This year’s on Cannes Film Festival, organizers for the first time incorporated a VR project in its Official Selection.
Alejandro G. Iñárritu's "Carne y Arena," by the Oscar-winning director of "Birdman" and "The Revenant," is a multi-stage encounter that incorporates a VR film; it is so sprawling the celebration introduced it in a plane shelter 20 minutes outside downtown Cannes. The venture has both Hollywood bona fides — it was somewhat financed by the studio heavyweight Legendary Entertainment — and the stamp of the art house group, for which Cannes is a blessed site.
"Carne y Arena" recounts the narrative of Latin American workers endeavoring to cross into the United States through the Arizona betray when they are gotten by U.S. specialists. Iñárritu and his successive cinematography teammate Emmanuel Lubezki, who passes by "Chivo," located real people who endured the agonizing excursion and had them reenact it on camera; they then shot their stories with VR's 360-degree clear and in-your-face direness.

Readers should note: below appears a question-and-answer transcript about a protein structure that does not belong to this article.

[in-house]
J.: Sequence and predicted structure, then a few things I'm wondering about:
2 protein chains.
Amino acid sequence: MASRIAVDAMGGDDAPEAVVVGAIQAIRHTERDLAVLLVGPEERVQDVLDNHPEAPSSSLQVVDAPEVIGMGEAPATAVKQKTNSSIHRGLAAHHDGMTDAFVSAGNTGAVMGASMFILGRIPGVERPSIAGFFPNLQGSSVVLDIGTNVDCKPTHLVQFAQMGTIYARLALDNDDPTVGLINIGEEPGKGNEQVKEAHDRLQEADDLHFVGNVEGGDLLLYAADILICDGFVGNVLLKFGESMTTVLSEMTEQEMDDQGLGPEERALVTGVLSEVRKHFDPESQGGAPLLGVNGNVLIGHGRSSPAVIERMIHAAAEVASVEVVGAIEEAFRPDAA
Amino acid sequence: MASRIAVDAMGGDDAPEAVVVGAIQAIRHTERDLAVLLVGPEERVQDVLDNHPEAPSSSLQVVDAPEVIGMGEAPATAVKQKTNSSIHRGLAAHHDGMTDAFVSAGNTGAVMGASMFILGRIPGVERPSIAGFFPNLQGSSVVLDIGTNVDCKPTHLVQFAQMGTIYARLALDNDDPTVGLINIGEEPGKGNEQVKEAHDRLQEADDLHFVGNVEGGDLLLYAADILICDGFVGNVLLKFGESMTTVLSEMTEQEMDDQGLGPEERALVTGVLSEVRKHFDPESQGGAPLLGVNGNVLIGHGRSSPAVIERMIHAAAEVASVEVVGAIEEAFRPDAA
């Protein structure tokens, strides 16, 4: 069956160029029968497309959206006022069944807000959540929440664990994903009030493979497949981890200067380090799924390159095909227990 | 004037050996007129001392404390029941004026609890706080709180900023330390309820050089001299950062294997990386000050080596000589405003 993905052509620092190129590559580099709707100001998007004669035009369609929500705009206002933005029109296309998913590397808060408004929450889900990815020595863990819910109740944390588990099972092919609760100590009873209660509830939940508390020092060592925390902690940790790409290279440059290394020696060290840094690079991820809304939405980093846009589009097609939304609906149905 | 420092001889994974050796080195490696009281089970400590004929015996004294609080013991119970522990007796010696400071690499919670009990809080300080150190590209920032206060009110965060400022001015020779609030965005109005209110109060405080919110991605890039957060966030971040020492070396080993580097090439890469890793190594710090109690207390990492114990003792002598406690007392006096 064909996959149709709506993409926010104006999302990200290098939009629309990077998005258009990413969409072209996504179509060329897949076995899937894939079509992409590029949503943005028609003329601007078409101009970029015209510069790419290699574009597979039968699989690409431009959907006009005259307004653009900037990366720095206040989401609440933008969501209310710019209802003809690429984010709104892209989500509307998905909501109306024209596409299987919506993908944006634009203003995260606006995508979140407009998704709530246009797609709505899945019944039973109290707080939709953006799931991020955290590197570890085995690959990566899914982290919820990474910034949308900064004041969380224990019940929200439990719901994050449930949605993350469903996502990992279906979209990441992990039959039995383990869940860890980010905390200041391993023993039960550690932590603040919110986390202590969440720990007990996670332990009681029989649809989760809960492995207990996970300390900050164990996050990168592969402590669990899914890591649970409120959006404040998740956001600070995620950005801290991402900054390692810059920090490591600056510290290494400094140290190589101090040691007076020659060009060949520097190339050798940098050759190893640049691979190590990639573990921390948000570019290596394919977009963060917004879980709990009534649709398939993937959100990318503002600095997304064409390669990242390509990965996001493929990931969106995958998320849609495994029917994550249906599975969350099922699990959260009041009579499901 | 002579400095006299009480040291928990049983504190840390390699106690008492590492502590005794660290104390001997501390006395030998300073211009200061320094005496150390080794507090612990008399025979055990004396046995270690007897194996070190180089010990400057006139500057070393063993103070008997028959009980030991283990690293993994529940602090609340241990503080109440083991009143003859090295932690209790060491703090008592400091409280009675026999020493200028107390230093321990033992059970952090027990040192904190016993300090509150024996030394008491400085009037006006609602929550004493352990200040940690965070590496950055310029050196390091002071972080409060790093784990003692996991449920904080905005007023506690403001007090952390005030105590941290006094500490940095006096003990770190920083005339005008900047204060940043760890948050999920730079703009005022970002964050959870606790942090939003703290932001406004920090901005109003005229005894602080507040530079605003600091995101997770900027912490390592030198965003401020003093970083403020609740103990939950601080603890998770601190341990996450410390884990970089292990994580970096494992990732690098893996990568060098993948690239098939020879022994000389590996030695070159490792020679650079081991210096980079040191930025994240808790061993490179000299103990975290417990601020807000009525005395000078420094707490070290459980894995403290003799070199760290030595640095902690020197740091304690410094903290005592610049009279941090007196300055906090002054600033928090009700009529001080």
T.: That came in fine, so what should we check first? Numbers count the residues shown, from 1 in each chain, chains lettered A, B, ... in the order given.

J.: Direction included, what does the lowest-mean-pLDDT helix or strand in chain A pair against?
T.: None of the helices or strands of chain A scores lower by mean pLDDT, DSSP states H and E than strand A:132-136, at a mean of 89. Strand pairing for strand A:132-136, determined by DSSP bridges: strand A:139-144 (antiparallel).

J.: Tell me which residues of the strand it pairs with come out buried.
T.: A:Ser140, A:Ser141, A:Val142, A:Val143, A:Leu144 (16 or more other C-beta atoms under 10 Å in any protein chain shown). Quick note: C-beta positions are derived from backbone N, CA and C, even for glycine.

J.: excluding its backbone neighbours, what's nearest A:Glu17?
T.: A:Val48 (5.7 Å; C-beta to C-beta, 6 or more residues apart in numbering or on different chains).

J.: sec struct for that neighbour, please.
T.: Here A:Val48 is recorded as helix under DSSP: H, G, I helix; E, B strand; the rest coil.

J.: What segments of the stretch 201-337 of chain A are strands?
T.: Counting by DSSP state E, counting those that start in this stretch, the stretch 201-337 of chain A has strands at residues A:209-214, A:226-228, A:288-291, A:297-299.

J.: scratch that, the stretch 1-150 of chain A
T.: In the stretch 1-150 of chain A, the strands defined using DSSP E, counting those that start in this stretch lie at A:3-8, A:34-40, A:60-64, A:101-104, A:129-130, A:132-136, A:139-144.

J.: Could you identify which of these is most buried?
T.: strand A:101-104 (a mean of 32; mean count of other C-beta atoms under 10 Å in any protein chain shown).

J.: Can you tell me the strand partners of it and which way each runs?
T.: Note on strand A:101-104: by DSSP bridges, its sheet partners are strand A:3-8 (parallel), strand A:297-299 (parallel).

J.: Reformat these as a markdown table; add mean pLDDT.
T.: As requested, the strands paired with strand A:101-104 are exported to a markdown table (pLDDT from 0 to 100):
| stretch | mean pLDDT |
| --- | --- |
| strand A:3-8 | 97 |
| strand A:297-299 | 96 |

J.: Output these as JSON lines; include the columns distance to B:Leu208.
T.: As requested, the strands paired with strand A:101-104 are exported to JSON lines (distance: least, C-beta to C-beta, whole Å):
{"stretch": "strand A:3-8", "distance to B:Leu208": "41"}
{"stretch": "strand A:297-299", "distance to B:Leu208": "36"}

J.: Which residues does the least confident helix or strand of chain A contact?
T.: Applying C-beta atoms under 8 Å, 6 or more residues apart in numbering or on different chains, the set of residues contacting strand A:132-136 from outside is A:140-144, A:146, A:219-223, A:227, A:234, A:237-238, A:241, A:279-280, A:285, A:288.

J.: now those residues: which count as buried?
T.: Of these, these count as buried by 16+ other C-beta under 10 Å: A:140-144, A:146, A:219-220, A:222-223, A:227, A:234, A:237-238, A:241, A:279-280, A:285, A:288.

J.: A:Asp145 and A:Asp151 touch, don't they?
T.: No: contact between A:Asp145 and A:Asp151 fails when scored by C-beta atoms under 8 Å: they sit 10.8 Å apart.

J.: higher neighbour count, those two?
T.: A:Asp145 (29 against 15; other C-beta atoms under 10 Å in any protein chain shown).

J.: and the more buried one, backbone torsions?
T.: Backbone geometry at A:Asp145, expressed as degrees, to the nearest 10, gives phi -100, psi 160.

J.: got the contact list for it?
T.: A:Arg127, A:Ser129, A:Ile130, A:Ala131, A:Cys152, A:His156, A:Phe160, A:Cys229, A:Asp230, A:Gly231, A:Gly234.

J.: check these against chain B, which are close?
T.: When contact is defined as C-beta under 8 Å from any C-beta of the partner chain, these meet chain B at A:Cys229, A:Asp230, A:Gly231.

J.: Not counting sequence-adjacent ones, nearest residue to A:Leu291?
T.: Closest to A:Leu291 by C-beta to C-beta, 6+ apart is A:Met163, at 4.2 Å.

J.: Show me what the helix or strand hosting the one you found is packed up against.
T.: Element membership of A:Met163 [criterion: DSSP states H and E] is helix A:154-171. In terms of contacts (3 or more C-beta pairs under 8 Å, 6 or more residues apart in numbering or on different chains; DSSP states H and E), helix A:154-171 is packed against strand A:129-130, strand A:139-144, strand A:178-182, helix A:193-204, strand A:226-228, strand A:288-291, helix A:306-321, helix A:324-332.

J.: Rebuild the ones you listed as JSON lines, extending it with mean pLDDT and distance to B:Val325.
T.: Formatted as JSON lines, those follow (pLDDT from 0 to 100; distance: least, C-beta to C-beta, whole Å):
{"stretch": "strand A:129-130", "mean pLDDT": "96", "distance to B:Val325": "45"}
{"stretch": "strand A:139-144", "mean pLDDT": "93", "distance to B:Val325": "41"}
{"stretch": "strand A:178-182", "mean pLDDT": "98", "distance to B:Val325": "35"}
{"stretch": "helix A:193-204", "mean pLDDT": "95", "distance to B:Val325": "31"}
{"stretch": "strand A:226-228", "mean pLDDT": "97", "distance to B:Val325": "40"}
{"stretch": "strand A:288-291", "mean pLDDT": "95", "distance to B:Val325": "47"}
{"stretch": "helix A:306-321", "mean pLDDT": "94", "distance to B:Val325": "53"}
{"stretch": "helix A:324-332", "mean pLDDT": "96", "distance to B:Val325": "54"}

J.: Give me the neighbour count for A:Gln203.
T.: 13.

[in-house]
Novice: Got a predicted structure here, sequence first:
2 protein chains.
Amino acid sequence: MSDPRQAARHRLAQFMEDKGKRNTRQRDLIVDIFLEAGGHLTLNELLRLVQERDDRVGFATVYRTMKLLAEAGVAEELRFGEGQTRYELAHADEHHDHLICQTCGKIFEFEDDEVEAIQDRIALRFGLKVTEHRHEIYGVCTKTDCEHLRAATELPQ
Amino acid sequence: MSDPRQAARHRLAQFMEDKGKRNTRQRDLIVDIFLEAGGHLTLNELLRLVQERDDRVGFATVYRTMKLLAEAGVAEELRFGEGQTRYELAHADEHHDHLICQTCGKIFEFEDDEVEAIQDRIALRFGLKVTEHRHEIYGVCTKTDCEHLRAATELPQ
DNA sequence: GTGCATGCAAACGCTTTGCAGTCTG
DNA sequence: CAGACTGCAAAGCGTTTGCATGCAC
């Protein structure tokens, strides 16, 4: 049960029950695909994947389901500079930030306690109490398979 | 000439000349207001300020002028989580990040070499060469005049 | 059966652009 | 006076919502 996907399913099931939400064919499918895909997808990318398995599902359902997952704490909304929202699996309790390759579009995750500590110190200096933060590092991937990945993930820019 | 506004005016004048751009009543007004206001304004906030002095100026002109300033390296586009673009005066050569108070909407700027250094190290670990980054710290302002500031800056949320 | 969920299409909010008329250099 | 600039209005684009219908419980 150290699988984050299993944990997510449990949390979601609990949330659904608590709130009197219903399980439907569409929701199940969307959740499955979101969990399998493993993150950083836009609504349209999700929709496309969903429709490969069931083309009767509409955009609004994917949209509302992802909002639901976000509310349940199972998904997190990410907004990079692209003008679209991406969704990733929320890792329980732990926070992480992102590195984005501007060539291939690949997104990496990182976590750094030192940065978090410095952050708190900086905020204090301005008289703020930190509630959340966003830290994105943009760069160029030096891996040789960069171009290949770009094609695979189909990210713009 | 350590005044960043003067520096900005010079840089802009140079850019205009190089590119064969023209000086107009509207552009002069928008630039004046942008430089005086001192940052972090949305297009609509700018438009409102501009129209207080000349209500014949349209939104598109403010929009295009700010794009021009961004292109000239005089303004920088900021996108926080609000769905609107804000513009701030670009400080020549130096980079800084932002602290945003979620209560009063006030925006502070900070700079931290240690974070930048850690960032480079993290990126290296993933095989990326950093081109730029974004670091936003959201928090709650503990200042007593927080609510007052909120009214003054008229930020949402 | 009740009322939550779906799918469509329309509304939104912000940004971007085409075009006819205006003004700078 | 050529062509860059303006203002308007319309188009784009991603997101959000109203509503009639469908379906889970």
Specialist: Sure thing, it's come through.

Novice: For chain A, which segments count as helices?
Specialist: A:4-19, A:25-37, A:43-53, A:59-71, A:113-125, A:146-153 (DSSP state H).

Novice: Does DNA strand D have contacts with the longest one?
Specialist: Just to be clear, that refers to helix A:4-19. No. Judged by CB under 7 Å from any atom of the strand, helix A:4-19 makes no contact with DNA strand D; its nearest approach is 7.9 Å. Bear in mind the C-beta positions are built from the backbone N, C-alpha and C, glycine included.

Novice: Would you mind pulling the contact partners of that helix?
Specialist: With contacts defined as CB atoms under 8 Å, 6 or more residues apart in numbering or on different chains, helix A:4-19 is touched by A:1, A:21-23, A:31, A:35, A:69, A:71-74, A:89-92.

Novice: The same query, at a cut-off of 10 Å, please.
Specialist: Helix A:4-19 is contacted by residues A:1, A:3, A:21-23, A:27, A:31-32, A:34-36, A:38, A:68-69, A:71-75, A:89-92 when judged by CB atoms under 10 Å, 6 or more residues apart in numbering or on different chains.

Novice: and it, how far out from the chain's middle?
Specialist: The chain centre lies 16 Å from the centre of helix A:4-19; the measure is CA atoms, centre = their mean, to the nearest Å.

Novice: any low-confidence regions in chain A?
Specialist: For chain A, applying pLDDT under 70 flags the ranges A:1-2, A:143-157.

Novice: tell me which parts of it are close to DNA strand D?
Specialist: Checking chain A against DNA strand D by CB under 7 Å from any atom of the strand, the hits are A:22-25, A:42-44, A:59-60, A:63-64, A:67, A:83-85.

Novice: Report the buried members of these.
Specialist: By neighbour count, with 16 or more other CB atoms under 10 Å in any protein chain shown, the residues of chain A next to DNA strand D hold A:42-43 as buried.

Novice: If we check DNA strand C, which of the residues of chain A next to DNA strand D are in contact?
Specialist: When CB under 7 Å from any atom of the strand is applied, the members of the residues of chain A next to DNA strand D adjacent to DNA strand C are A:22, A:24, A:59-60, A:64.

“During the past four years in which this project has been growing in my mind, I had the privilege of meeting and interviewing many Mexican and Central American refugees,” Iñárritu said in a statement. “Their life stories haunted me, so I invited some of them to collaborate with me in the project.”
The filmmaker added, “My intention was to experiment with VR technology to explore the human condition in an attempt to break the dictatorship of the frame—within which things are just observed—and claim the space to allow the visitor to go through a direct experience walking in the immigrants’ feet, under their skin, and into their hearts.”